Health care sharing ministries are not required to comply with the PPACA minimum standards for “core” medical services and do not cover costs that do not conform to ministry guidelines, such as abortion. Treatment for alcoholism, drug addiction, and even obesity might not be covered.

The monthly share payment is not deductible for federal income tax purposes as either a medical expense (because it is not a payment for insurance under Sec. 213(d)(1)(D)) or as a charitable deduction (because it is a payment in consideration for goods or services). However, members’ payments in excess of their required monthly minimum may be deductible as a charitable contribution. Members do not qualify for the premium tax credit of Sec. 36B, which applies only to coverage under a qualified health plan, or for federal tax subsidies for employment-related insurance under PPACA. Health reimbursement arrangements or Sec. 125 cafeteria plan deferrals cannot be used to reimburse individuals for share payments because they are not medical expenses as defined under Sec. 213; however, they can be used to pay medical expenses paid directly by the taxpayer, such as co-pays, prescriptions, and preventive care as permitted by Sec. 213. Only Missouri allows a deduction for the share amount in determining state income tax.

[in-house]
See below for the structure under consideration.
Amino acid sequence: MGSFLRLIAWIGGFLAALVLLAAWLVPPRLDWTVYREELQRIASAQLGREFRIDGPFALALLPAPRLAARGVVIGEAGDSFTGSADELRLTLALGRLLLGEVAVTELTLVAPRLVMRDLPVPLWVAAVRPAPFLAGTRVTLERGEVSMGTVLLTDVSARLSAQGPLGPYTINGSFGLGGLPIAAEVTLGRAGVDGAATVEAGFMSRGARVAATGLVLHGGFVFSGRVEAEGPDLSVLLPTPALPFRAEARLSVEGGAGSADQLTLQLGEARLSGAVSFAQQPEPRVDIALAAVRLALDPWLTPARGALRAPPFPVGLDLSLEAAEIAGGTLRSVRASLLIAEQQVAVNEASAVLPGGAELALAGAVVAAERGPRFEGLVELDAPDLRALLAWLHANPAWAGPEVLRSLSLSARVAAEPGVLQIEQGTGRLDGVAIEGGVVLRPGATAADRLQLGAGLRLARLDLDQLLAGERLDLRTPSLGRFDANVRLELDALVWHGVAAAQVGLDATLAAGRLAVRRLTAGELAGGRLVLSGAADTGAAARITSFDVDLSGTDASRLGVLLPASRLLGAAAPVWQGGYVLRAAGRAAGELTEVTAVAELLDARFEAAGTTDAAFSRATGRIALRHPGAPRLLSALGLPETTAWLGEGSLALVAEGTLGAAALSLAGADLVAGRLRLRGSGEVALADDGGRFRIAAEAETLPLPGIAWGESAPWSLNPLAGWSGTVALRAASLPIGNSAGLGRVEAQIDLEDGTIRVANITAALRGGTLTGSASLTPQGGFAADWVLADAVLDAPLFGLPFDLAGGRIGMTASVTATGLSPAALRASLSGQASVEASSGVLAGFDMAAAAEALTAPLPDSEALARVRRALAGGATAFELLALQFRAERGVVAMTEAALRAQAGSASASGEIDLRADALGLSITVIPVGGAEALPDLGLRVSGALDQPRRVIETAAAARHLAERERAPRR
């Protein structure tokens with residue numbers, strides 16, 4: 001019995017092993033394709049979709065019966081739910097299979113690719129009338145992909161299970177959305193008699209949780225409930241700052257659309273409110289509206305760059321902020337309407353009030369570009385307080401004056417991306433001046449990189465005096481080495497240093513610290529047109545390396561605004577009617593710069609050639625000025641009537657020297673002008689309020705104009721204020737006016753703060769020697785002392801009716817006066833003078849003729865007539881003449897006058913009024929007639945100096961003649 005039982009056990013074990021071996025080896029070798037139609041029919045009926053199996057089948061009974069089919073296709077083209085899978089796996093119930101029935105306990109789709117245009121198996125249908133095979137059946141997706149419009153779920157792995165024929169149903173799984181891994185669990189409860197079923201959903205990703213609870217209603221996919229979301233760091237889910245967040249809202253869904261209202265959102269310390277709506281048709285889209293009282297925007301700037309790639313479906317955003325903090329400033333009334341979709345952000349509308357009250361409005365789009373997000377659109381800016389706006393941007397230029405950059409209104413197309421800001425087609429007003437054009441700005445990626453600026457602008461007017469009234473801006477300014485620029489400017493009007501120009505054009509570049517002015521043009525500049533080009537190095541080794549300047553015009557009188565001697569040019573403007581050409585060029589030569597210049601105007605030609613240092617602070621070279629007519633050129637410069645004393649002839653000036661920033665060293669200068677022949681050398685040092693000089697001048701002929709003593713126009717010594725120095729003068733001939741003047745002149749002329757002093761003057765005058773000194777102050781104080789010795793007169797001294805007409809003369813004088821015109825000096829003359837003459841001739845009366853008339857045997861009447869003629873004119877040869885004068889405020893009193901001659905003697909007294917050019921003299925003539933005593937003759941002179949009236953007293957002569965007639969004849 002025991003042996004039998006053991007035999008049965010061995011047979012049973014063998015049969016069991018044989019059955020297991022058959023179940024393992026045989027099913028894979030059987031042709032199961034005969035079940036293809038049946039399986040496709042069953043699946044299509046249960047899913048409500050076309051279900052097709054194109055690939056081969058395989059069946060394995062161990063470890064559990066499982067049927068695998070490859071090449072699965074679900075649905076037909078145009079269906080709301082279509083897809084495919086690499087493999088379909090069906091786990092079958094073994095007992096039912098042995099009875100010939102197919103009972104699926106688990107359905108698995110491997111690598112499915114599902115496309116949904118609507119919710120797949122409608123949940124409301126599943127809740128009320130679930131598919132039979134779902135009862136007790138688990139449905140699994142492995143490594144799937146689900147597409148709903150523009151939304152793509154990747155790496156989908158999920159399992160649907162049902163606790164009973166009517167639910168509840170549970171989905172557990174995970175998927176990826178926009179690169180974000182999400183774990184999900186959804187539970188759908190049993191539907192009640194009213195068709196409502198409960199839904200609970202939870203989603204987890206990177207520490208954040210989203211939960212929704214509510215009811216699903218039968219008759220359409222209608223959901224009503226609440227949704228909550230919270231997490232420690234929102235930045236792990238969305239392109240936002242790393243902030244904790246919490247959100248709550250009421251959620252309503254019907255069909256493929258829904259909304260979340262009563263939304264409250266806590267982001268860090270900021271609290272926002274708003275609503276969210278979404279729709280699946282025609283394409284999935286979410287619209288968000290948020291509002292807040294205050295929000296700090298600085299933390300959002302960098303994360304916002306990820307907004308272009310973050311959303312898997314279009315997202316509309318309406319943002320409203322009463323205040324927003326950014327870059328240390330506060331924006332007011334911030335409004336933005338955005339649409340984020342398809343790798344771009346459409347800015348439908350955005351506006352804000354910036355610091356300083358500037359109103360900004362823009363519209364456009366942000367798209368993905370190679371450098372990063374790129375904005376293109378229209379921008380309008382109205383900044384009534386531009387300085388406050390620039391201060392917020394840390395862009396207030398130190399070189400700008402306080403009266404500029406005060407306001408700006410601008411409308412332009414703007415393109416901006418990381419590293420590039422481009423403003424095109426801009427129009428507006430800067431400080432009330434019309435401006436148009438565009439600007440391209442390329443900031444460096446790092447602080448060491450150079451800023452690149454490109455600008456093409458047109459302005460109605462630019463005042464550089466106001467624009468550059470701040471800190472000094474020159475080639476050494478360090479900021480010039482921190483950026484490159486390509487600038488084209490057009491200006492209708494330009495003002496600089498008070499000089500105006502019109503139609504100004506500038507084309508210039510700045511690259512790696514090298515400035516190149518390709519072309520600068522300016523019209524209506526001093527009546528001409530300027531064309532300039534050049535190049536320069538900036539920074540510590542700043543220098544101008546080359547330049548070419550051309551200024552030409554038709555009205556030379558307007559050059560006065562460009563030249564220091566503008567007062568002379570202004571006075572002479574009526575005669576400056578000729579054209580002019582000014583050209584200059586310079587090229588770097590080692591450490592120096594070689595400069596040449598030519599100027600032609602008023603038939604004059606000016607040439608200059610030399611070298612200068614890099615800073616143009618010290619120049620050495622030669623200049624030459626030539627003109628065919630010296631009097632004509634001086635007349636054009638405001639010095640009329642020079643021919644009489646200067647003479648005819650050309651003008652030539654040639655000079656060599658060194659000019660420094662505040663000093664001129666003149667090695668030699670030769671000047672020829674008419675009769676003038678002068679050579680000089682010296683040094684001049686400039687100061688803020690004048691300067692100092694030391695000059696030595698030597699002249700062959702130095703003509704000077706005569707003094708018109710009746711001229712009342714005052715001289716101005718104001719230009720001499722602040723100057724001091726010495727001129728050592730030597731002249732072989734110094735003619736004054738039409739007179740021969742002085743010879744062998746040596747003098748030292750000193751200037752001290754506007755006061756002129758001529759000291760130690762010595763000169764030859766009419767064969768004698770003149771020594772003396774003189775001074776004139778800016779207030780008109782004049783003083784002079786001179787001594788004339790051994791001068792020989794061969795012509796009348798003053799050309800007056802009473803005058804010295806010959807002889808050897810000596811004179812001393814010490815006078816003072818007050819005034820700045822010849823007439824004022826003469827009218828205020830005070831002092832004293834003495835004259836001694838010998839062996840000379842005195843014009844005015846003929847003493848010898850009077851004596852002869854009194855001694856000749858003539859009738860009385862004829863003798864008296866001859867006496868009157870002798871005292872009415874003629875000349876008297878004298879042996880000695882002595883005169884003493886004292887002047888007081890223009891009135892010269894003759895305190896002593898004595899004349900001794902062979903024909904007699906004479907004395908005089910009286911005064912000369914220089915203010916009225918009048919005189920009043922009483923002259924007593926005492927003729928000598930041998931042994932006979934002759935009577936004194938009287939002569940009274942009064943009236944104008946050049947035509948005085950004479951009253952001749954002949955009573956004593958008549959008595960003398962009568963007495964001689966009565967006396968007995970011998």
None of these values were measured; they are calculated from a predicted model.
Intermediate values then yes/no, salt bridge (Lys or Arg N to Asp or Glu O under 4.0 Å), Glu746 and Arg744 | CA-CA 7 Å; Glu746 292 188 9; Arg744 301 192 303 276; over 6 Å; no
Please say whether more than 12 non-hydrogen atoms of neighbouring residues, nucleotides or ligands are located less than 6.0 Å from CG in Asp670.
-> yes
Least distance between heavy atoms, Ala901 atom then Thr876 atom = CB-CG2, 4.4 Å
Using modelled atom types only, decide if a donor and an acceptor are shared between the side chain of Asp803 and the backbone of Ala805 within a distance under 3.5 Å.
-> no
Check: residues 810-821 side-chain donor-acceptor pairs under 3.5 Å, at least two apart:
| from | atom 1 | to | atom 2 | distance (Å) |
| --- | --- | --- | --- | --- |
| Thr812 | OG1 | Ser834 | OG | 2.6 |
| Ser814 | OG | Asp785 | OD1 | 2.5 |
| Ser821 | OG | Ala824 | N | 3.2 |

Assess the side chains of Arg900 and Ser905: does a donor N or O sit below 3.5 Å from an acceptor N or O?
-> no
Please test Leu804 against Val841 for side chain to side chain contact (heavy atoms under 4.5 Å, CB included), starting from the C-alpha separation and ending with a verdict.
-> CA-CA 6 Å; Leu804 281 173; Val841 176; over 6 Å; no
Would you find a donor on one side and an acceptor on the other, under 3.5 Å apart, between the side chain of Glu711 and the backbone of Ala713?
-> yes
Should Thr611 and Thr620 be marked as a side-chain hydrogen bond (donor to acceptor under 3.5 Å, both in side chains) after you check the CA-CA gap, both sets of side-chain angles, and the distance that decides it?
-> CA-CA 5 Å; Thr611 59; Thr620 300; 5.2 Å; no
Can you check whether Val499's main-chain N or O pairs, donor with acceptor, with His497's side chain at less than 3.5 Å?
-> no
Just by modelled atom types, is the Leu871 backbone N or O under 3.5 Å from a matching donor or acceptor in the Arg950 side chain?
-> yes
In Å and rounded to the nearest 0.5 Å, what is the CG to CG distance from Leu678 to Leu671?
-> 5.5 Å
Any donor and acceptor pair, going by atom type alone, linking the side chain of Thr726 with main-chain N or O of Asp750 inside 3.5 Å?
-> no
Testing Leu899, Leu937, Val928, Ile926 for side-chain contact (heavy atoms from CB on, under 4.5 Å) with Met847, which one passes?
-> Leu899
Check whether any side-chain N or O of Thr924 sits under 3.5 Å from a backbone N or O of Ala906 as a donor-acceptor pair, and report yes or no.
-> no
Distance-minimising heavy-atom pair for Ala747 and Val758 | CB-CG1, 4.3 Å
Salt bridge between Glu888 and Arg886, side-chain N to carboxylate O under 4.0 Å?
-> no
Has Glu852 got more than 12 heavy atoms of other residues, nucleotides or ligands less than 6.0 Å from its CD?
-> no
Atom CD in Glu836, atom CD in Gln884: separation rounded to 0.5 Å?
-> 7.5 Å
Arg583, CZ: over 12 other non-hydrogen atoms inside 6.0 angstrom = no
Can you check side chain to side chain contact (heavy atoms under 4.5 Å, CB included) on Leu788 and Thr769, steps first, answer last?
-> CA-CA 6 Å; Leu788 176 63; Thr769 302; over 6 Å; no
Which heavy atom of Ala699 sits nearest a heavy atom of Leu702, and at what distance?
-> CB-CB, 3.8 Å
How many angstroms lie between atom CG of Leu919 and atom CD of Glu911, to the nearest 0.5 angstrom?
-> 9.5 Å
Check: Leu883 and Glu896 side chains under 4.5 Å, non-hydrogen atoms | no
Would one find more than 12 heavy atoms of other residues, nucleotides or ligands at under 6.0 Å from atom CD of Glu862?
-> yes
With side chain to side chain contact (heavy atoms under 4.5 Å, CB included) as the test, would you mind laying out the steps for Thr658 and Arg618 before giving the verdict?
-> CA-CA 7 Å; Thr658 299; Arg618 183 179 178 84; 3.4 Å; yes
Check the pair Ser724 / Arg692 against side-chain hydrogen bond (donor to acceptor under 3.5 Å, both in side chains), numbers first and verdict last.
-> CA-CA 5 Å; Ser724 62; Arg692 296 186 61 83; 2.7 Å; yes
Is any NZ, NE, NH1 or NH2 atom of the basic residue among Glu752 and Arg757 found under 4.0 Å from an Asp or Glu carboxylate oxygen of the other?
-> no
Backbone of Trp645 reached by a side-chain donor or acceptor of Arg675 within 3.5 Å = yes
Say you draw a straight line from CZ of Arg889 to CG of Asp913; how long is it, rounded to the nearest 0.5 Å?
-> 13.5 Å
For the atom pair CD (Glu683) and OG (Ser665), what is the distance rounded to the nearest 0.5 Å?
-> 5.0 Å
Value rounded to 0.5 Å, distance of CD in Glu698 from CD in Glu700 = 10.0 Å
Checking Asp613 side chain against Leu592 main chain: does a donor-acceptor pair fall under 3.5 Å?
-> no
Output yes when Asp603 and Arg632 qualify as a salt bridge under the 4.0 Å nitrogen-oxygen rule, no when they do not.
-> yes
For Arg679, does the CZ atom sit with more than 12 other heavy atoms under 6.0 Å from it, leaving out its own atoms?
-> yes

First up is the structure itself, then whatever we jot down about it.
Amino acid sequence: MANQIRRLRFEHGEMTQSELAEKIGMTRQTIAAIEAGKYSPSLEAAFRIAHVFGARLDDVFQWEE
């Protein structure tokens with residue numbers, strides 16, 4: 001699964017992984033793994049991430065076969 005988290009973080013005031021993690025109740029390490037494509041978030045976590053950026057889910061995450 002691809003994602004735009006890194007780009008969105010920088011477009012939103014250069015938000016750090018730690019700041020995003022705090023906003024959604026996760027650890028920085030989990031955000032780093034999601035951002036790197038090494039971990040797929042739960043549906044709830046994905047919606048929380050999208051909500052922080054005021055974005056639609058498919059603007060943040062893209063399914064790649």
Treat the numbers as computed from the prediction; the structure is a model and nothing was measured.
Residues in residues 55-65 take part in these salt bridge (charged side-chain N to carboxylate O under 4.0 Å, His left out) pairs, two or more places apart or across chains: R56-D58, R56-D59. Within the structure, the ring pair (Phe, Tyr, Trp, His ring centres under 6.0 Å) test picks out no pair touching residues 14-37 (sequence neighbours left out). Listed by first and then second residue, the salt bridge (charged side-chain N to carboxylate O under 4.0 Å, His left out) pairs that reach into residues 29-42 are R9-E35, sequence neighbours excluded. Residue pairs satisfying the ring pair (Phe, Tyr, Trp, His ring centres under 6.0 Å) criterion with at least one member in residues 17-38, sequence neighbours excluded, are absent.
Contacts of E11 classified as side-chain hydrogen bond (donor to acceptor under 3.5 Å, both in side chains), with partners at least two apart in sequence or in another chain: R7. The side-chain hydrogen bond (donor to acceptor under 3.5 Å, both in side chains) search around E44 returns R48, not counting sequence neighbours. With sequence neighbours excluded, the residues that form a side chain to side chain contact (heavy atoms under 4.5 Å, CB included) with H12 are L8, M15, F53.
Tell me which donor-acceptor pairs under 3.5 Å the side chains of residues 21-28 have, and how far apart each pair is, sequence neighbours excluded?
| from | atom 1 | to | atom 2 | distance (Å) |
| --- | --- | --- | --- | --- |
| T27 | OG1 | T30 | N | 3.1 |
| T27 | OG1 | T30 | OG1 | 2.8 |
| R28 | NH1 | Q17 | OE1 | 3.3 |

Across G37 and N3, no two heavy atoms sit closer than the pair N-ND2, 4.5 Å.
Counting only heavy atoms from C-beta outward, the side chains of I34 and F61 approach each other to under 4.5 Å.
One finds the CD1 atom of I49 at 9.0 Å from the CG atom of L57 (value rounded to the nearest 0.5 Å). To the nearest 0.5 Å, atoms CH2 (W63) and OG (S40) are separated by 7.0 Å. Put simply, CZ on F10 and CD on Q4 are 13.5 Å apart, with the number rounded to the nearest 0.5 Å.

Religious Conscience Exemption

In addition to members of health care sharing ministries, members of recognized religious sects described in Sec. 1402(g)(1) who adhere to the sect’s established tenets or teachings can be exempt under Regs. Sec. 1.5000A-3(a) from the requirement to purchase health insurance if they have in effect a “religious conscience exemption certification” obtained through a PPACA health insurance exchange. Sec. 1402(g)(1) provides an exemption from self-employment tax for an individual who

  • Is a member of a recognized religious sect that has established beliefs or teachings, by reason of which the individual is conscientiously opposed to accepting the benefits of any private or public insurance covering death, disability, old age, retirement, or medical care, including any such insurance established by the Social Security Act; and
  • Has waived all benefits and other payments under Titles II (old age, survivors, retirement, and disability) and XVIII (Medicare) of the Social Security Act.


In addition, Sec. 1402(g)(1) provides that the sect must have

  • For a substantial period followed a practice of making reasonable living provisions for its dependent members; and
  • Been in existence since Dec. 31, 1950.


Regs. Sec. 1.5000A-3(a) lacks any reference to Sec. 1402(e), which permits ministers and Christian Science practitioners to claim exemption from self-employment tax, and therefore provides no exemption from the individual mandate for those taxpayers.

If clients wish to claim a religious exemption from the PPACA requirement to maintain minimum essential coverage, CPAs should be sure they fit the narrow descriptions of membership in these qualifying groups. CPAs’ insights may also help clients better understand the type of agreements that health care sharing ministries offer to their members.

By Dayna Roane, CPA/ABV, M. Tax (dayna@perryco.com), partner, Perry & Roane PC, Niwot, Colo.

To comment on this article or to suggest an idea for another article, contact Paul Bonner, senior editor, at pbonner@aicpa.org or 919-402-4434.